Senate passes bill decriminalising gay sex

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Parliament took another step towards legalising homosexual sex when the controversial bill was passed unopposed by Senate yesterday.

But three senators had strong words to say against the Criminal Code 1907 Amendment Act 1994, introduced by Government MP the Hon.


Parliament took another step towards legalising homosexual sex when the controversial bill was passed unopposed by Senate yesterday.

But three senators had strong words to say against the Criminal Code 1907 Amendment Act 1994, introduced by Government MP the Hon. John Stubbs.

Opposition Senators Terry Lister and Neletha Butterfield and Government Sen.

Yvette Swan decided not to vote against the bill because of the strength of support from seven other senators.

And it now means the bill will be sent to Governor Lord Waddington for Royal assent.

Hundreds of people, involved with the Christian Coalition have demonstrated against Dr. Stubbs' bill, which will scrap laws carrying prison sentences for men involved in gay sex.

But supporters of the bill passed yesterday see the laws as outdated and feel they should be scrapped to bring Bermuda into line with other countries in terms of human rights.

Introducing the bill to Senate, Sen. Norma Astwood said: "These sections of the law are inconsistent, not enforceable in our courts, have not been in force for some years and ought to be removed from the statute books.

"I do not see how homosexuals can be a destructive group in the community.

There is nothing they can do about the fact that they are homosexual and we should not see it as a crime.'' Human rights and biological arguments were made in favour of the passage of the law in the chamber.

Environment Minister the Hon. Sen. Gerald Simons asked: "Do we as a community wish to lock up people because of their sexual activity in the bedroom?'' Making his Senate debut, United Bermuda Party Sen. Gary Pitman was in favour of the bill, he said: "They should not be treated as criminals because of different sexual preferences provided they are consenting adults in the privacy of their own homes.'' Government Sen. Yvette Swan said she was opposeed to the bill over concerns about religious beliefs and the spread of AIDs.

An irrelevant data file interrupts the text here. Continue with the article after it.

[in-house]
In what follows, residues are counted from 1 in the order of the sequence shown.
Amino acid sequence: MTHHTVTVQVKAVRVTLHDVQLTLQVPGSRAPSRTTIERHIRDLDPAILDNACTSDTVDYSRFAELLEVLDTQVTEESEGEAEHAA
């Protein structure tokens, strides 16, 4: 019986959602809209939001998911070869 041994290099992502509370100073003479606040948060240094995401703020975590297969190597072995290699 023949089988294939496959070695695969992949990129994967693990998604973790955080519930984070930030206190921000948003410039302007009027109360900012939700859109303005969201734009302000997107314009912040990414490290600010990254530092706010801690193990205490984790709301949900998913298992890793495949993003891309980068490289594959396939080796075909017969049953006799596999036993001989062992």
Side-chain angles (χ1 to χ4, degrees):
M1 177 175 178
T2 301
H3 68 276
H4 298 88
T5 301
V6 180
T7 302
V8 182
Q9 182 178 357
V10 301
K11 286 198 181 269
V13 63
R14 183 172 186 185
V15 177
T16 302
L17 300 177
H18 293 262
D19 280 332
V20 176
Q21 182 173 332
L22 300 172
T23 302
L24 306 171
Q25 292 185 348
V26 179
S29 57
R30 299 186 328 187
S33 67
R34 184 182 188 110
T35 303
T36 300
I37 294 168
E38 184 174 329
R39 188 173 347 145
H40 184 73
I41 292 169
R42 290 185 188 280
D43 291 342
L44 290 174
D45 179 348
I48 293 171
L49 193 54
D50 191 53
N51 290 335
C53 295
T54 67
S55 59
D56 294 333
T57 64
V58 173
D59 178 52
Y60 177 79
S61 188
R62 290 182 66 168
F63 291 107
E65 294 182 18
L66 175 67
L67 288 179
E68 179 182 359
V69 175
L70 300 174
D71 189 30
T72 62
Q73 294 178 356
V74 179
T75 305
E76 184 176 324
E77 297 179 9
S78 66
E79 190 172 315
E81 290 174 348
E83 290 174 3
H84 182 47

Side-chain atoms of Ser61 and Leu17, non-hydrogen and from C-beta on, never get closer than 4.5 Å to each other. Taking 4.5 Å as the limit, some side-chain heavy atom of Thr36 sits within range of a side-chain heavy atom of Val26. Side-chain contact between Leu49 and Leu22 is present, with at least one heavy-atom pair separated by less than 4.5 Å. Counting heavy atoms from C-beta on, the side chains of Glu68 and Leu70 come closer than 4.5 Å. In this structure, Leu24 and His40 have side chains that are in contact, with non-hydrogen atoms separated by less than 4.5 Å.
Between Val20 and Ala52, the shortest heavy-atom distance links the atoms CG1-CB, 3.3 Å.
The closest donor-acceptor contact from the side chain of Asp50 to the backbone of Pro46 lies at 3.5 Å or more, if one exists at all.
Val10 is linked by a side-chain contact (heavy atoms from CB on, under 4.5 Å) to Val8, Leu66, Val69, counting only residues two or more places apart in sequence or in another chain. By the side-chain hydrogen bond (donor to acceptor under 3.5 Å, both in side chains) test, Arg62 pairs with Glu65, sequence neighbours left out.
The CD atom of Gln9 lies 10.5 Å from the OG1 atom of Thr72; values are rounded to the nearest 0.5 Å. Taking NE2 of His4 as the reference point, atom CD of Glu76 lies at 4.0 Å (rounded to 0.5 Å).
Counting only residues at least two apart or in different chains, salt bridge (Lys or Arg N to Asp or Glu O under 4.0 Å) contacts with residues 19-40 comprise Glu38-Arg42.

She said: "It's a known fact that in the majority of cases AIDS is spread through homosexual relationships among homosexuals and bisexuals who will go on and spread it to heterosexual partners.'' Adding to the AIDS message was Progressive Labour Party Sen. Terry Lister who said: "It seems to me that we are taking a position that will increase the incidence of AIDS, it will be a foolish course of action.'' Opposition Sen. Neletha Butterfield claimed she had received verbal threats when it became clear she would vote against the bill.

But Government Sen. Lawrence Scott said he had been called a "closet queen'' by a man who knew he would be voting in favour.

Independent Sen. Alf Oughton and Sen. Lister stressed that recent calls to boycott the Allan Vincent Smith Foundation should not be taken as the views of the Christian Coalition.

The foundation was set up after Mr. Smith's death from AIDS, by his father, Mr. Martin Smith to educate the community about the fatal illness.

Sen. Lister said that the Christian Coalition had fought for a long time and had kept a true "line and length'' except for this statement.

He said: "This was something said in the heat of passion, it may not have been the right and proper thing to say.'' Sen. Oughton said: "The call to boycott the Allan Vincent Smith Foundation was said in the heat of discussion.

"I would ask the Christian Coalition to publicly rescind this boycott and support the foundation which has done a lot of good work.'' HOMOSEXUALITY GAYS GAY

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